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Orange and lemon zest decoration. Images: Kathryn Hawkins

8. To serve, arrange the quince quarters in a serving dish and spoon over a little syrup. Sprinkle with citrus shreds if using and serve the quince with the remaining mulled wine syrup on the side. Delicious accompanied with vegan vanilla ice cream 🙂

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Finishing touch, orange and lemon shreds, Image: Kathryn Hawkins
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Quince served with vegan vanilla ice cream. Image: Kathryn Hawkins

I hope you have a very happy Christmas and I look forward to posting again for the new year. Seasonal best wishes to you and thank you for your interest in my blog.

Autumn into winter

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The first ground frost of Autumn 2022. Images: Kathryn Hawkins

As another month draws to a close, it’s been a rather wet and dreary end to the season of Autumn here in central Scotland. Photographically speaking, there have been very few blue-sky days to capture the warm, glowing colours of this time of the year. Nevertheless, I have a few images which I hope convey the natural glory of the month just passing.

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Late Autumn, River Earn, Perthshire, Scotland. Images: Kathryn Hawkins

I took these photos a couple of weeks ago whilst out on a walk along the local riverbank. Even though the sky was a dull grey and the waters looked cool and steely, the colours of the leaves still clinging to the trees looked spectacular.

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Golden leaf colour. Images: Kathryn Hawkins

Back home in the garden at the same time, the Japanese Maple (Acer) tree was ablaze with glowing yellow leaves. But following a few heavy downpours and some strong winds, the last of the leaves have fallen.

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November sun-rise and sun-up. Images: Kathryn Hawkins

Usually, the month of November brings with it glorious sunsets and sunrises, but I have only managed to capture one sunrise, and that was during the last week. You can see the same Maple tree now bereft of leaves in the early morning sunshine.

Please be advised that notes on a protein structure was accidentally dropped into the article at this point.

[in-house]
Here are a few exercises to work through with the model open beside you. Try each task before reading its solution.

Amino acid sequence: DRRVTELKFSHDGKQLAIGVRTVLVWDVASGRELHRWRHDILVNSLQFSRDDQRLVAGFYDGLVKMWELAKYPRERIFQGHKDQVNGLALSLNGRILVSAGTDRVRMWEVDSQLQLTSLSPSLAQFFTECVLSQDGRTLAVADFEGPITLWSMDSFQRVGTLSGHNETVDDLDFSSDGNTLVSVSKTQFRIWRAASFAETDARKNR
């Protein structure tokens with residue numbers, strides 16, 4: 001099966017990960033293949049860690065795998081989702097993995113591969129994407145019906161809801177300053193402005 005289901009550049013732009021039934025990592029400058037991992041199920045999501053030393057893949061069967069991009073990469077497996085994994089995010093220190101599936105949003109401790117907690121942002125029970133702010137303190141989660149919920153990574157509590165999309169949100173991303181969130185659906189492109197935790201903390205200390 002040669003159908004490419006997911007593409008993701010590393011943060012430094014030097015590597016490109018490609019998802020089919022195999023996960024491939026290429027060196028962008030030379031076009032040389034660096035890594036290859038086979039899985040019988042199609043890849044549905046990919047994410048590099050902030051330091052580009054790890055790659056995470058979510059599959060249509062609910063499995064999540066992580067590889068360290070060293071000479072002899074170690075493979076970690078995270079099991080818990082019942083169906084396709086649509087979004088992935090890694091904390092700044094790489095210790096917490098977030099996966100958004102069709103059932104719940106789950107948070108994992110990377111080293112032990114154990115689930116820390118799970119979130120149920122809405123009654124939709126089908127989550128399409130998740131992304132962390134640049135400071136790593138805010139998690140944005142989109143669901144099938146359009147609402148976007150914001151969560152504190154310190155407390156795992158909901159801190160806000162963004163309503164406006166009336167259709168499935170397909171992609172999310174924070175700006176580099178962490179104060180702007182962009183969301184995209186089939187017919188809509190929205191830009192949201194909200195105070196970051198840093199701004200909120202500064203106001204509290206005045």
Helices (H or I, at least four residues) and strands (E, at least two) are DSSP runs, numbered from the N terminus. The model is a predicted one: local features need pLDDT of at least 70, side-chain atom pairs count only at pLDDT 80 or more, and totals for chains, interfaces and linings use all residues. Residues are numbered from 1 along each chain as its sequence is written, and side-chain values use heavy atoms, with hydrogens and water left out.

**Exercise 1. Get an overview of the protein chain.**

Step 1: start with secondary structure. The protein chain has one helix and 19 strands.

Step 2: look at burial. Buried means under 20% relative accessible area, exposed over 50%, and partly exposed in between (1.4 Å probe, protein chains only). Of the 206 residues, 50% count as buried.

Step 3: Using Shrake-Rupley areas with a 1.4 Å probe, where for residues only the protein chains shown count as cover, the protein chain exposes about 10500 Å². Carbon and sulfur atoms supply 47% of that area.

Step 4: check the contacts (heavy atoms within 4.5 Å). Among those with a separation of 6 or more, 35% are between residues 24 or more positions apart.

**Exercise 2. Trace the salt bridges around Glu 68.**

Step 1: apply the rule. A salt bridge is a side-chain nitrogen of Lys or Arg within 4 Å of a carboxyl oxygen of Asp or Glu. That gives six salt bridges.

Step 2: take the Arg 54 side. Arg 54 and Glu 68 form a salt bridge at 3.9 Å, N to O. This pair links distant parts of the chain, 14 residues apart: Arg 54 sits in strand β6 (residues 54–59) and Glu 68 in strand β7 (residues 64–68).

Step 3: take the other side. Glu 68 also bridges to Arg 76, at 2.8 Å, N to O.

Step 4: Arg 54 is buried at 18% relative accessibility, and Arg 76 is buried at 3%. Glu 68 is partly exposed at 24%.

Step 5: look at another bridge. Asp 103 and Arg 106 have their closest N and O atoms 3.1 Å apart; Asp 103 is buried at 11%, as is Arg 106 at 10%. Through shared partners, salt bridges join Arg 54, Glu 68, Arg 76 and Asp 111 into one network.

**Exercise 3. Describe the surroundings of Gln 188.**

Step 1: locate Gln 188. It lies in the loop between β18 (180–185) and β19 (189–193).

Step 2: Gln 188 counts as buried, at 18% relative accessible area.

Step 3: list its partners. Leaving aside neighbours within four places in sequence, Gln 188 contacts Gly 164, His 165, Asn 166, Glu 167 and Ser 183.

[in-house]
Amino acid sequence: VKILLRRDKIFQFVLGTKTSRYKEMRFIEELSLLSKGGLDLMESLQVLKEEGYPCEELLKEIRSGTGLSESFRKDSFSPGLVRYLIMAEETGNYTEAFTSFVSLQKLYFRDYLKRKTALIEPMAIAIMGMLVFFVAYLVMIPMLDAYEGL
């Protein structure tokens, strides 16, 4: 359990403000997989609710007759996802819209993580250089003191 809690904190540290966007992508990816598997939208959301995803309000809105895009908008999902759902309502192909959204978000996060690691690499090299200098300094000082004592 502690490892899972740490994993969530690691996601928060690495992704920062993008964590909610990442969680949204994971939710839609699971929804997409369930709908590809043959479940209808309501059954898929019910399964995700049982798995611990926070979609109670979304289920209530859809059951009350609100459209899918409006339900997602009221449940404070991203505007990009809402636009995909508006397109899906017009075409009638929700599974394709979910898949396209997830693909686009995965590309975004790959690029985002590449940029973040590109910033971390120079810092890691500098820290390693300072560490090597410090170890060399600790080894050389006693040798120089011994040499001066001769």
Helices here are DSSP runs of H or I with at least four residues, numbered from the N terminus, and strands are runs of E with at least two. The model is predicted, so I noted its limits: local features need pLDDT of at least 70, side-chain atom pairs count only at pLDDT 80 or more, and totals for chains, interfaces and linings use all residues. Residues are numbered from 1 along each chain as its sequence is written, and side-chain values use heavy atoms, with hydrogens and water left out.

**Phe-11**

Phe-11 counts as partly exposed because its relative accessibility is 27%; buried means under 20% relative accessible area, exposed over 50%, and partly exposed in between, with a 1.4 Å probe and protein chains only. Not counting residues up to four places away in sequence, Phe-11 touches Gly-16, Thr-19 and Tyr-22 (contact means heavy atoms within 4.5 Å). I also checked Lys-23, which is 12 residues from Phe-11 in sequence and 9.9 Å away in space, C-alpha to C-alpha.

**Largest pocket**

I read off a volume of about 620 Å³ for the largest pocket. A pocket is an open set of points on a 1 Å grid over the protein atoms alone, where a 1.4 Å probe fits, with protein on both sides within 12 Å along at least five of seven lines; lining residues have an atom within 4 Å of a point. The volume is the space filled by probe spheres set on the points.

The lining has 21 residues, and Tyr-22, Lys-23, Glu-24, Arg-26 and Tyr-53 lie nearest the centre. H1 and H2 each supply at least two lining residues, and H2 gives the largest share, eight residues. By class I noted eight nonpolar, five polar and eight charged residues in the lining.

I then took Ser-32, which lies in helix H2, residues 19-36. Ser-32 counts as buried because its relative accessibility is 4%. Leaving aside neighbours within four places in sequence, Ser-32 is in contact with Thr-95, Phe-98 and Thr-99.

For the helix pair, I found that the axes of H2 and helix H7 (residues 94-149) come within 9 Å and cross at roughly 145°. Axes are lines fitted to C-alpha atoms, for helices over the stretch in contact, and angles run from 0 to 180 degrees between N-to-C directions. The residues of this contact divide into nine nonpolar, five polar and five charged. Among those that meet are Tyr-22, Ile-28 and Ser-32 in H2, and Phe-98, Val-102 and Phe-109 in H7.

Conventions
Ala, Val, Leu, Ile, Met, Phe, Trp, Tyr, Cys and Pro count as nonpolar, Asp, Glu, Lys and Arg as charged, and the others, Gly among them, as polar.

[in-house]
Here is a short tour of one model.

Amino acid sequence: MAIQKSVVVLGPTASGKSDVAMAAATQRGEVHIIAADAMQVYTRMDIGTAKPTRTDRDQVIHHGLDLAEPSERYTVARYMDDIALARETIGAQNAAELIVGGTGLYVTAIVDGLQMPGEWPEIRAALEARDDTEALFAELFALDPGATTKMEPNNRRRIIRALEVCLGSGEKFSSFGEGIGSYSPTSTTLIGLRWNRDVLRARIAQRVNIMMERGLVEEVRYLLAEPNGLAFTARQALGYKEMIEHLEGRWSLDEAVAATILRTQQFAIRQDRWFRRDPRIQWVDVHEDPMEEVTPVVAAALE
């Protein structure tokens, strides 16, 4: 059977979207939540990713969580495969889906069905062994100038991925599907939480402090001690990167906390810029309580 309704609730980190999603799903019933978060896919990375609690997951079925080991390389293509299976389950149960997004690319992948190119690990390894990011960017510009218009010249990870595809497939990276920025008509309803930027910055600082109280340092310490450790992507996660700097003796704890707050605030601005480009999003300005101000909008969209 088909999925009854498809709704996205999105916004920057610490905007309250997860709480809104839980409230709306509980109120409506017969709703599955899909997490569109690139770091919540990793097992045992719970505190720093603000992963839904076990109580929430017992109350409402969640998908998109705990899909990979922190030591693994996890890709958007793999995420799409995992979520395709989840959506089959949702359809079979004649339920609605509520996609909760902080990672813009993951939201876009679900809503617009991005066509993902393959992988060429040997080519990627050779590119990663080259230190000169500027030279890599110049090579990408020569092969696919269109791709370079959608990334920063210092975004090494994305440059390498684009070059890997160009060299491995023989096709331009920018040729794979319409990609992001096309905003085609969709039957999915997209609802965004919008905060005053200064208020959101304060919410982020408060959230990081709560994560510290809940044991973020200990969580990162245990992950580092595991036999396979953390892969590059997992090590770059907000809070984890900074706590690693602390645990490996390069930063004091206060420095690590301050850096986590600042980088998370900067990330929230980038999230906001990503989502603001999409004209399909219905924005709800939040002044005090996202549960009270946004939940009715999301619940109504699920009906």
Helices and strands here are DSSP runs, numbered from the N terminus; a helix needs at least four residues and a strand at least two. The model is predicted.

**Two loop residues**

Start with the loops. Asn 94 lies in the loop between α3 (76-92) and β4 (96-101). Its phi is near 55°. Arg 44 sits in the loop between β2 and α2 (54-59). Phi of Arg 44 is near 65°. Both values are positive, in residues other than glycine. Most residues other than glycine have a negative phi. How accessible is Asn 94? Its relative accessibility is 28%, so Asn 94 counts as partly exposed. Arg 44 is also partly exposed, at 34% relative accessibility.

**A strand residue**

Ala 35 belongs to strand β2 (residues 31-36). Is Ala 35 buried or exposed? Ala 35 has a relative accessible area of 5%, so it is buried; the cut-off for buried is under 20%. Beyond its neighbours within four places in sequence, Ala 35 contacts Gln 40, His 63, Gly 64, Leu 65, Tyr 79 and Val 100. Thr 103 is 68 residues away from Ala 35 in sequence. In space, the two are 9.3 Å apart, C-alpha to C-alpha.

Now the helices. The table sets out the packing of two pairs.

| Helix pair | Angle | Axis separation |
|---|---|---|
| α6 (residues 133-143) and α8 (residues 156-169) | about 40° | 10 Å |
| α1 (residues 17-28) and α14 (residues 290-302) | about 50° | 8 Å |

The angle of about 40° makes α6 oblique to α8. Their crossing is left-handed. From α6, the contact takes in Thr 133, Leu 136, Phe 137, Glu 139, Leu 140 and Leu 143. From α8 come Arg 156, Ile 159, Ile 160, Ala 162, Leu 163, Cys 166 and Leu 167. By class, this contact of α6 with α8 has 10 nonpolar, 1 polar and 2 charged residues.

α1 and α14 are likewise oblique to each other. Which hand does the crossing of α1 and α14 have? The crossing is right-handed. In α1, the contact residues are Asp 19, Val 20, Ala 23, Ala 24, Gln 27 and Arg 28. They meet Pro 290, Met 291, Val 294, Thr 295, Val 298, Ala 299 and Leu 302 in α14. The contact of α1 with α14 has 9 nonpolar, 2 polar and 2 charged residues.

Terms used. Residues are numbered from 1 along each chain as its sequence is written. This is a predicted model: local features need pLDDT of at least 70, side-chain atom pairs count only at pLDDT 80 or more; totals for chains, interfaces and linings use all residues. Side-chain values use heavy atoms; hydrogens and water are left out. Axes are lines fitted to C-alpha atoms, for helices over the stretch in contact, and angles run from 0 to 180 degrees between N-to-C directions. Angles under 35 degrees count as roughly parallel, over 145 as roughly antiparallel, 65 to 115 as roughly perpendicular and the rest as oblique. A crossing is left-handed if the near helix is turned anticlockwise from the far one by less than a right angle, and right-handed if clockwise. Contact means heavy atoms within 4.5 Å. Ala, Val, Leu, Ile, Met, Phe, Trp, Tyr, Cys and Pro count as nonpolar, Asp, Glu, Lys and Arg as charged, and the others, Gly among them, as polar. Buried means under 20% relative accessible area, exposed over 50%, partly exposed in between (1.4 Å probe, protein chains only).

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A welcome splash of vibrant pink. Images: Kathryn Hawkins

Throughout the month, these Nerines have been giving a very welcome show of bright pink colour. They look so exotic and fragile but are incredibly hardy. Still going strong is the planter of Bidens and Astors I planted back in June. Such great value. Usually by now the planter is full of bulbs ready for spring but I can’t bring myself to dig these bedding plants up just yet.

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Still flowering in the Autumn sunshine. Images: Kathryn Hawkins

And so to a reminder that winter is just around the corner. The holly hedge is abundant with great clusters of berries this year, as is the snowberry bush in the back garden. I hope this isn’t a sign of a particularly cold winter ahead. It’s been a good year for blueberries as well. This late variety is still ripening at a rate of a small handful a week.

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Red, white and almost blue, late Autumn berries. Images: Kathryn Hawkins

Thanks for stopping by. Until my next post, take care and keep warm 🙂

February flurries and flowers

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February snow flurries. Image: Kathryn Hawkins

We’ve certainly had a lot of weather here in central Scotland since my last post. Sunshine, strong winds, heavy rain, snow and frosts. Yet I am happy to report that the garden is slowly coming to life; the birds are feeding constantly and singing ever louder, and at times it does feel that spring is on its way.

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February sunshine, snow and frost. Images: Kathryn Hawkins

This is the month when the first proper spring flowers appear in the garden, the snowdrops. There are a few clumps here and there already, but towards the end of the month is when they will really takeover. At the moment, many are still in bud, with just one or two opened up to see the tiny green markings on the inside petals. So pretty and delicate, yet strong enough to stand up to all sorts of weather.

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Snowdrops in the shade and in the sun. Images: Kathryn Hawkins

Another sign of spring for me is when the crocus appear. I just managed to capture these beauties before they got crushed by a heavy downpour of rain. I hope they bounce back again.